Our new blog and video series is created by Alex, who applied to medical school for 2018 entry and is now a medical student at Leeds. In this series he will share his tips for each stage of the medical school application process.
The UKCAT is a test used by most medical schools as one of the methods for comparing applicants, so it’s essential you score as highly as you can. Below are my top tips to help you along the way whilst preparing.
Each section is designed to target skills which are useful to have as a medical student and doctor. There are five sections, these are: Verbal Reasoning, Decision Making, Quantitative Reasoning, Abstract Reasoning and Situational Judgement.
Most people find some sections easier than others and it’s important to target your weaker areas relatively early on in your preparation. Once the test is started, it cannot be paused and takes roughly two hours! It is very fast paced as I’m sure you will already know or will soon find out. The timings for each section are as follows:
Before each section there is one minute to read the instructions (or have a break..!)
For UKCATSEN times visit the UKCAT website.
Read 5 Time-Saving UKCAT Strategies>>
There are many ways of tackling each question, a good idea is to try a few different ones and stick with what gives you the best results for each subtest. Then practice practice practice! The questions on TMP are great for this.
Read 60-Second UKCAT Tips: Verbal Reasoning and Decision Making>>
Long stints of practise can be tiring (and boring…). Break up your practice into shorter, intense periods. This is also good practice for the nature of the exam.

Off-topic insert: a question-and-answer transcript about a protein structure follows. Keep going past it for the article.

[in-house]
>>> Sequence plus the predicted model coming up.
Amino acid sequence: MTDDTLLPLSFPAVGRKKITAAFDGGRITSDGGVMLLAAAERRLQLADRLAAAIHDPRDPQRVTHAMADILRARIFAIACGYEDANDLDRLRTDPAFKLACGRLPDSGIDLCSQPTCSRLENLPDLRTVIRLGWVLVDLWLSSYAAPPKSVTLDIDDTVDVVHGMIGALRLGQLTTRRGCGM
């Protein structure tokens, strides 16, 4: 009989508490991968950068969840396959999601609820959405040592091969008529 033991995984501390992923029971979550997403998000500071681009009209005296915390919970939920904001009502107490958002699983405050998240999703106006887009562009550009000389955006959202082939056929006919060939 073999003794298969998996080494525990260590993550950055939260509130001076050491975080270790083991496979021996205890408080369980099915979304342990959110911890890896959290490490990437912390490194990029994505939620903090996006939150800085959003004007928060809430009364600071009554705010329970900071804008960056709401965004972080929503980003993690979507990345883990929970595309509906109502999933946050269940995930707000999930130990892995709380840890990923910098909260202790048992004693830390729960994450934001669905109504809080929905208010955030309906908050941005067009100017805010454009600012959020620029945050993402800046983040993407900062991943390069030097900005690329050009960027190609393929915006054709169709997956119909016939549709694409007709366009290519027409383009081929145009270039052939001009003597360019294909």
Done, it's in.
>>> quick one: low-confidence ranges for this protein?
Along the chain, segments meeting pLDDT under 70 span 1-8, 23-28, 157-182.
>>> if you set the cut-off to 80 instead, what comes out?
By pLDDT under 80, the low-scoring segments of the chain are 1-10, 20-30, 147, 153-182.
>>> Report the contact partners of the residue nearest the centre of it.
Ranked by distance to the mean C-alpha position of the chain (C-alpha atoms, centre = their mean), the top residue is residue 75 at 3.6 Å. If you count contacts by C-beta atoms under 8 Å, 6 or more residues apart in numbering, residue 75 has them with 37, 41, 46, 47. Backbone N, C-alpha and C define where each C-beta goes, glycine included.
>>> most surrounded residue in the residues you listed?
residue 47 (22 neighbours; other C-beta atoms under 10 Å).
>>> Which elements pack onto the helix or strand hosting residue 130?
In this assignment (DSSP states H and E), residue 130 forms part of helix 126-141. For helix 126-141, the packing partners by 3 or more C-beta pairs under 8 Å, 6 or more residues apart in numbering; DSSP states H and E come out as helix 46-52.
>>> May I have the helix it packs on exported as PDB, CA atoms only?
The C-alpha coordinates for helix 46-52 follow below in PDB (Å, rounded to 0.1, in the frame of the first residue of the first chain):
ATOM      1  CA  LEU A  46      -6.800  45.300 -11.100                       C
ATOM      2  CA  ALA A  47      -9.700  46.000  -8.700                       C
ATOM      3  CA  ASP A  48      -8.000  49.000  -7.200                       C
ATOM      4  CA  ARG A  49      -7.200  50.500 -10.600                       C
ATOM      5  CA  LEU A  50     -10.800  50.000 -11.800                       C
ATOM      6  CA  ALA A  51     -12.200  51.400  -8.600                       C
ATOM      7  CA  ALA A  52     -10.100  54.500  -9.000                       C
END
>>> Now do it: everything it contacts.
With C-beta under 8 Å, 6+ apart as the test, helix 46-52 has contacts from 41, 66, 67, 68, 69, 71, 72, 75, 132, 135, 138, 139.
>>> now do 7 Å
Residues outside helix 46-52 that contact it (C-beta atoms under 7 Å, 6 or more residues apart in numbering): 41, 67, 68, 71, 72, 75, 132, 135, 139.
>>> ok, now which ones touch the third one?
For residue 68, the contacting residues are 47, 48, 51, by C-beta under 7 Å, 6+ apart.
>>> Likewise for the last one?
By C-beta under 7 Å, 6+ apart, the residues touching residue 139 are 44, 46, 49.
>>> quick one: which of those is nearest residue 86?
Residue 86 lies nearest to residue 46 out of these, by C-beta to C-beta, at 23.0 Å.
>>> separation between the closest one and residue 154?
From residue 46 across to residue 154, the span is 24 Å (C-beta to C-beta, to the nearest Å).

See an example of one student’s UKCAT prep timetable>>
The exam is fast-paced and it is essential to simulate this time pressure when you are preparing. In each section is a type of question which will take much longer than the others – yet only have the same points up for grabs. If you’re finding finishing in time a challenge (most people do!), a good strategy is to flag the long questions (these will become obvious), skip them and give them a go when you have finished all of the quicker types. This maximises your opportunity to score valuable points!
Read our 8-point strategy for Verbal Reasoning success>>
Anything to save a little time should be used as much as possible! These include the keyboard shortcuts:
It’s also really important to practice using the online calculator. You aren’t allowed to take a physical calculator into the test with you. Make sure you spend some time getting used to using the numerical keypad for calculations as this is often the quickest way. Alt-c is the shortcut to bring up the onscreen calculator.
Read Top Abstract Reasoning Mnemonics>>
The UKCAT is very different to most exams you’ll have done in the past. By ensuring you’ve done one or two practices means you’ll know exactly what to expect when you sit down at the computer on the day – this should help settle those nerves a little.
Try The Medic Portal’s UKCAT mock exams>>
The UKCAT is a challenge. The majority of people will find preparation stressful at times. Make sure you find the time to take yourself away from preparation and relax… At the end of the day, remember whatever happens, it’s only one part of the application stage!
Words and video: Alex Randall
You can follow Alex on Instagram here.
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